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The Public Domain Channel

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"Hey! We're allowed to watch this, because it's public domain!"
Phelous, in his review of ThanksKilling

When movies or TV shows need an establishing shot of the characters watching TV, especially when it has no bearing on the plot, the producers will often try to save money by having the characters watch something whose rights they don't have to license.

So all too often, what you'll see is people incongruously watching old, old, old programming that hasn't even been shown in syndication since the late 1980s, like silent movies or, more often, ancient Max Fleischer or Paul Terry cartoons for that extra visual kick. For bonus incongruity, sometimes it will be out of character for the character to even be watching the show in question.

However, this can be justified if the movie or TV show takes place during a specific time period, and the producers choose a film from that place and time that is now public domain to further emphasize when and where the story is set.

In a related move, many TV documentaries and biography shows will use footage from a theatrical trailer rather than the film itself. Even if studios carefully protected the copyrights for their movies, most of the trailers were ignored and fell into public domain.

Though they often occur for different reasons, this trope is sometimes related to Pac Man Fever. May sometimes overlap with Unabashed B-Movie Fan, as cheapie genre films from before 1964 are particularly likely to have lapsed into the Public Domain. So have some telefilms, such as The Woman Hunter from 1972.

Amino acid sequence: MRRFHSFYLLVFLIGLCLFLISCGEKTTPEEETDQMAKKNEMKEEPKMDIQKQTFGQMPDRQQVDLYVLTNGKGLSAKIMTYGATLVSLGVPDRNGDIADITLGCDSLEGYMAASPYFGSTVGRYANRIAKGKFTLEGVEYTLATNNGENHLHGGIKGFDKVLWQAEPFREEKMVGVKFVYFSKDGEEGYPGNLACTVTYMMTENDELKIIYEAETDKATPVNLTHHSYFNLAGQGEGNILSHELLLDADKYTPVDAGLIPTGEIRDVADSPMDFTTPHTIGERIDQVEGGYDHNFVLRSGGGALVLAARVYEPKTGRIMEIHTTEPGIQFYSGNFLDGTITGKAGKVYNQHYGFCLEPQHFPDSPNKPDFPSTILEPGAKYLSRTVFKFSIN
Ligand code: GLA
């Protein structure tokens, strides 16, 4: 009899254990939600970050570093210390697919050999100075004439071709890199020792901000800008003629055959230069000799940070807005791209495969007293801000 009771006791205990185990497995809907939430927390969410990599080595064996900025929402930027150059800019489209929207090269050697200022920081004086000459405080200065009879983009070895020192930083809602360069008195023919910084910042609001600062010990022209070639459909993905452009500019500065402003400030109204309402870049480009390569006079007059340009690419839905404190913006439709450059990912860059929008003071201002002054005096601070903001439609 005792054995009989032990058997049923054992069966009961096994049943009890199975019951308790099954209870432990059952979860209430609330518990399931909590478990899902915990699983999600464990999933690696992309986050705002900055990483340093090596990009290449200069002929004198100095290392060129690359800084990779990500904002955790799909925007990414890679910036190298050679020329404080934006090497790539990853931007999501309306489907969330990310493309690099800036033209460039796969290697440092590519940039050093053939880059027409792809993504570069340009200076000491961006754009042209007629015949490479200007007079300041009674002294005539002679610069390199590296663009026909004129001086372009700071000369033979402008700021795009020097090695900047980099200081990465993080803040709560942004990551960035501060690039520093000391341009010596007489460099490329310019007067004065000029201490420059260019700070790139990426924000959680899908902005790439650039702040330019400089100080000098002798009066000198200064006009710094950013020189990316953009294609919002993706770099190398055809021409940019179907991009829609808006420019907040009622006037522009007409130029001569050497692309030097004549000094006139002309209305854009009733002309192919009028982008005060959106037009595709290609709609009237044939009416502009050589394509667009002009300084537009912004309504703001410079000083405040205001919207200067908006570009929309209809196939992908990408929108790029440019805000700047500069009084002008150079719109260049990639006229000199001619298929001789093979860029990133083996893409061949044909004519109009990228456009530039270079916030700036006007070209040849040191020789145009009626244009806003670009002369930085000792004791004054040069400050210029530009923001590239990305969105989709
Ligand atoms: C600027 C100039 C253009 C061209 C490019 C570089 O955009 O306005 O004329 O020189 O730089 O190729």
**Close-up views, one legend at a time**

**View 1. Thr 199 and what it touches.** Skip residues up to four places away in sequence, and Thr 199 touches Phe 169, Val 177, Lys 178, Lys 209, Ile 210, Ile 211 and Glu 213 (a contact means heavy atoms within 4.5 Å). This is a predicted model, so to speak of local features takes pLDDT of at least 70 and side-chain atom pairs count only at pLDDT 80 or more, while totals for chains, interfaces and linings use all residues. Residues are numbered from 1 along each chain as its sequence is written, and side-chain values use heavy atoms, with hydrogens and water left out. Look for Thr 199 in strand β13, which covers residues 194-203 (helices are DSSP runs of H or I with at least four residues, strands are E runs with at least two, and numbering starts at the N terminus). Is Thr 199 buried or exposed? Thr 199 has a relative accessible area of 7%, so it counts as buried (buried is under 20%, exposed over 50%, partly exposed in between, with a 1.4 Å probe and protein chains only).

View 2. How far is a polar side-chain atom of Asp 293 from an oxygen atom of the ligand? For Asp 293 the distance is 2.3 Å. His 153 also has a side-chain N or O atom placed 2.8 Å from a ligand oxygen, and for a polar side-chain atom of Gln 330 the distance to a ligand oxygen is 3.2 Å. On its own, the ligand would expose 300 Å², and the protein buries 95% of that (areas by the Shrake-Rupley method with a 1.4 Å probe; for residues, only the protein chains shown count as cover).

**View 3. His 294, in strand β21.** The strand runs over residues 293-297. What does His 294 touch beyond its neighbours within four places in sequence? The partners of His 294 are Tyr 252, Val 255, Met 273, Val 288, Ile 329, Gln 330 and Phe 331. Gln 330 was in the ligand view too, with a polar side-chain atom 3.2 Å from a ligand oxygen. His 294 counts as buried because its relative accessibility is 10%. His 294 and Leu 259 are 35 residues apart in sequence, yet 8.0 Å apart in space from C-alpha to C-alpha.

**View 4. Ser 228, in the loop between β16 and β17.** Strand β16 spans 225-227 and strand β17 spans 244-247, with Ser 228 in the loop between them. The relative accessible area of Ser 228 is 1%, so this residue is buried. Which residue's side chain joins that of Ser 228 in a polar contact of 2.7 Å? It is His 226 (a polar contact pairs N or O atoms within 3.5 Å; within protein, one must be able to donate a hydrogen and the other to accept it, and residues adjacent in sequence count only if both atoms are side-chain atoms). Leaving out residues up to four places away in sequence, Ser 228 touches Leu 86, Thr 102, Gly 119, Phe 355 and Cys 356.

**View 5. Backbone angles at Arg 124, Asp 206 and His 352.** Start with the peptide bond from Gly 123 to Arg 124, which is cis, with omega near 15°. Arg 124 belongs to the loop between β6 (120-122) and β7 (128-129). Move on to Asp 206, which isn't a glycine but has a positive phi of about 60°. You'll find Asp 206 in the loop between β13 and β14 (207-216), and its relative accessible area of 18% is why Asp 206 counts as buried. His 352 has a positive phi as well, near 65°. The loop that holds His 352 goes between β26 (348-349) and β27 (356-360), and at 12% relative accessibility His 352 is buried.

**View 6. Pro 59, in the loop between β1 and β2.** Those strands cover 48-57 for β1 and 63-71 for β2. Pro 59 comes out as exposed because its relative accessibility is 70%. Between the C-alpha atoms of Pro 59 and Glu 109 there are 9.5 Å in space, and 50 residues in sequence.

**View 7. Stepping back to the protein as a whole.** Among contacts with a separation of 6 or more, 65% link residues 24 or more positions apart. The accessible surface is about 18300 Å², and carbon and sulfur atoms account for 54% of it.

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    Film — Live-Action 
  • Will Ferrell's character in Wedding Crashers is introduced watching old cartoons in his mother's house.
  • Kill Bill Vol 2 ends with a character watching a 1946 Heckle and Jeckle cartoon.
  • A kid watches the old cartoon "Balloon Land" in Merlin's Shop of Mystical Wonders.
  • A teenager watches Harold Lloyd's The Freshman in an early scene in The Haunting In Connecticut.
  • Many characters are seen watching Night of the Living Dead (1968) in Halloween II (1981).
  • Laurie Strode watches more PDTV in Rob Zombie's Halloween II.
  • In The Garbage Pail Kids Movie, the title characters sneak into a movie theater showing the Three Stooges short Malice in the Palace. The movie was made (and set) in 1987; the short's copyright was not renewed.
  • In the movie Killing Zoe, during the early sex scene between protagonists Zed and Zoe, the hotel television plays the silent classic Nosferatu.
  • Anthony Hopkins is seen watching Night of the Living Dead (1968) in the film Proof.
  • The Three Stooges short Brideless Groom (one of the four that fell into public domain) is seen in Pulp Fiction, being watched by Eric Stoltz's character. Interestingly enough, Quentin Tarantino wasn't allowed to show The Three Stooges onscreen since their likenesses were copyrighted; he used the scene where Emil Sitka has a birdcage smashed on his head. Sitka even gets a mention in the closing credits as "Hold Hands, You Love Birds!" (his line in the excerpt shown).
  • In Scream 2, Cici Cooper (Sarah Michelle Gellar) watches the original silent Nosferatu.
  • Ghost Dog: The Way of the Samurai has old cartoons playing somewhere in almost every scene featuring the Vargo family, symbolic of their bumbling and (relative) toothlessness. After Louise takes over and has Ghost Dog killed, her last act in the film is to turn them off.
  • Bubba Ho Tep has an interesting example. At one point, a TV is showing an ad for a marathon of Elvis movies. But the movie was too low-budget to afford Elvis movies, and so it's a bunch of clips featuring Elvis-lookalikes.